The Canadian Writers' Collective

Writing, and writerly tangents

Monday, August 14, 2006

Obsessives: Unite!

by Tamara Lee

The past couple of weeks have been plugged full of work (the paying kind), summer fun (the out of the house kind) and surfing the ‘net (the procrastination kind). And planning, planning, planning.

Been squirreling my options, planning for the winter, though it’s disheartening to spend so much time during these last few weeks of a great summer on something as dreary as a cold, wet BC winter. But, like end-of-summer fall clothes and notebook-and-pen shopping, it’s necessary to prepare yourself, lest you get caught up in the winter yucks, with a heavy case the winter SAD, unable to find comfort again until May.

Among my plans and link-hoarding are my new favourite getaway sites, the one-click routes to solace and comfort and, well, possibilities.

Getaway from here

There’s been a lot of talk ‘round my circle of pals, bullshitting really, about a fantastic voyage I want to take. It’s BS because I just don’t have the money for the big long-term travel event I initially imagined. Now, I dream and scheme and keep it to myself (because sometimes we can talk the good hoodoo right out of thing). Two links that have been facilitating this addiction to an idea are couchsurfing.com and realtravel.com.

RealTravel is a site where travellers get busy describing their adventures and dispensing advice. It’s full of blogs and suggestions to mine by plugging in your interests on a checklist that calls up a wide variety of travellers’ blogs. Since it is also a forum for family members to keep up with their crazy sister Kate getting found in India or eccentric great-uncle Allan who has gone coastal, there is a sort of homey feel to the site. As a writer, this is useful for getting the perspectives of a range of personalities, whether it’s someone excited about her first trip to Mexico, or the retired couple describing their trip around the world together. As a dreamy traveller, it helps get the saliva going.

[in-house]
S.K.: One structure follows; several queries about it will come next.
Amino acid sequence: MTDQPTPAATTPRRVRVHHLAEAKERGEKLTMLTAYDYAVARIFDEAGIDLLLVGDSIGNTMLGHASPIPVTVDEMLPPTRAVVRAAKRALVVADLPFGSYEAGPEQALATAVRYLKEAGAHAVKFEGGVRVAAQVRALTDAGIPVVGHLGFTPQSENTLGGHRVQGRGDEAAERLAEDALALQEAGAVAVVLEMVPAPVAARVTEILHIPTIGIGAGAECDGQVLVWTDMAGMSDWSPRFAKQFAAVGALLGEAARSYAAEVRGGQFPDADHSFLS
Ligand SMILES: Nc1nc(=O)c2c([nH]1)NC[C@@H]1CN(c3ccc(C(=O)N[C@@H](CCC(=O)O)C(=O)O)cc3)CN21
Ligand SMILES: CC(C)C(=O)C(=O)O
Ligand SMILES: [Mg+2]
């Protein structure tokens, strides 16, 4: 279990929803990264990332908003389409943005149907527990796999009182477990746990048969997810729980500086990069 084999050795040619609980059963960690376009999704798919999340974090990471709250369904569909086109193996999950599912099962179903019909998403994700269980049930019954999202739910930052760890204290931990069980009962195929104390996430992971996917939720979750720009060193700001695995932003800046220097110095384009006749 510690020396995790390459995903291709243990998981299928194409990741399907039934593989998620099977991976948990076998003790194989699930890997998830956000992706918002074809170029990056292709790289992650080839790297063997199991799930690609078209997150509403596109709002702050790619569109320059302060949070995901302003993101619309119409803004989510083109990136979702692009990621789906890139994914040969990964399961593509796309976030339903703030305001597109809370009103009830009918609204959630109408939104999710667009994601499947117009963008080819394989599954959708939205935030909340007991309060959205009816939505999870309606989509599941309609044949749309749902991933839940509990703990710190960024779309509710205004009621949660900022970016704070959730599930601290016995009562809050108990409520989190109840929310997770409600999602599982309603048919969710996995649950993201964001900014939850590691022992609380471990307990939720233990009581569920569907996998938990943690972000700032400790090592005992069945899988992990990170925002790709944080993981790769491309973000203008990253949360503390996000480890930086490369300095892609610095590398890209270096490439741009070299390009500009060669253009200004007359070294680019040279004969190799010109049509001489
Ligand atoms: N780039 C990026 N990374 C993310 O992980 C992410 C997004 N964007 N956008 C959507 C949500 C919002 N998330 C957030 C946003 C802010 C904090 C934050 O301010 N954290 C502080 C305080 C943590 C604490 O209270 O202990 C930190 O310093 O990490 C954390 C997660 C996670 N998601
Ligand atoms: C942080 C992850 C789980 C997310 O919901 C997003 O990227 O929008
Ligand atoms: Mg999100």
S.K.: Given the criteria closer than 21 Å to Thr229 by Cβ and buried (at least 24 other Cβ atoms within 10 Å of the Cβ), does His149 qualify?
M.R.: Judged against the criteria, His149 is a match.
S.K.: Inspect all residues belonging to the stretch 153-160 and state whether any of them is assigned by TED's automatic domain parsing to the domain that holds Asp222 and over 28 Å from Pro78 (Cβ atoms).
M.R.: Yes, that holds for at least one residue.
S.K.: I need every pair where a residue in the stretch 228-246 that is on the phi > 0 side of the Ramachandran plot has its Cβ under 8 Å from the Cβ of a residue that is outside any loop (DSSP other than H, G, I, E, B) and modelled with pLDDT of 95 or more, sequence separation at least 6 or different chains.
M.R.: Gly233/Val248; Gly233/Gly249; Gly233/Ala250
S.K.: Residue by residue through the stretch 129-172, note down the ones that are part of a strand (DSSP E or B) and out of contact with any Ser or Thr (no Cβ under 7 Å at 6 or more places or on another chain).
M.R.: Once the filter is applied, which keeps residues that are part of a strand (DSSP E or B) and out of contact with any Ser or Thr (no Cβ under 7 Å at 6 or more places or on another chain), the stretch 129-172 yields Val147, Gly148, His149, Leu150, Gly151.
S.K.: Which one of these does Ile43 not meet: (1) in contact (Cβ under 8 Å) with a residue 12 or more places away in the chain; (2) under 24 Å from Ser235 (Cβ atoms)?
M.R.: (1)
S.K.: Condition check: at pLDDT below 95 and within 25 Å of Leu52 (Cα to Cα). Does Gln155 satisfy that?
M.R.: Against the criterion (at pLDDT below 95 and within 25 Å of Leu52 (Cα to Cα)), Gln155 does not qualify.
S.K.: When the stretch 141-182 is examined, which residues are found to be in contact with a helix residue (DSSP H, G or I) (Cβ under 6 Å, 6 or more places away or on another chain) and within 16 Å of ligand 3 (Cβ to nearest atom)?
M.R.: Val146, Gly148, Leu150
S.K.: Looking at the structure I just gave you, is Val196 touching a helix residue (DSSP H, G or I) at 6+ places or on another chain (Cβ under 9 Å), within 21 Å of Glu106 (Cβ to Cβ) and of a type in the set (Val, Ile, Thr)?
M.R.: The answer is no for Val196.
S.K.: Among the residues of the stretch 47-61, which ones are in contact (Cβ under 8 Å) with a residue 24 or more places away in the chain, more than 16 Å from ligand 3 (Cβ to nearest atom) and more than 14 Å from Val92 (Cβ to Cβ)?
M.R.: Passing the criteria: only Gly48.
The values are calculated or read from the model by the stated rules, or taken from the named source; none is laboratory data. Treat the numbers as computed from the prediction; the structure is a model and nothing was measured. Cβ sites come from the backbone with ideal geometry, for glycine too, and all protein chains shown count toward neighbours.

Couchsurfing.com, on the other hand is simpler, and yet more ambitious. It’s a site that connects travellers willing to let other travellers sleep on the couch for a night or two, as they pass through town. It’s a full community of folks, headquartered in Montreal, but reaching out to all corners of the world. The site is home to the travel-obsessed and, generally though not exclusively, 20- and 30-somethings who have a taste for less structured travelling. The community, though, is rather familiar and friendly, with meet-ups scheduled frequently in different parts of the world. Plus, it’s a good place to get some hilarious tales, and insight into the off-the-beaten track of the world.

Getaway to there

My newest obsession though, is about the worlds I have right here at home and is facilitated by a site called LibraryThing. If you’re a bibliophile and you haven’t yet explored this site, beware. It’s like going into a thousand peoples’ homes and perusing their bookshelves. And if you're like me, that provides hours of entertainment.

What I love most about this site is how I can plug in the books I’m reading, or those in my collection that I feel define what I want to be reading, and find others who have read similar books. Once I see what’s on their shelves, or hit the ‘Psst’ button, the suggestions are endless, and I will never again have to seek out recommendations from friends who don’t ‘get me’.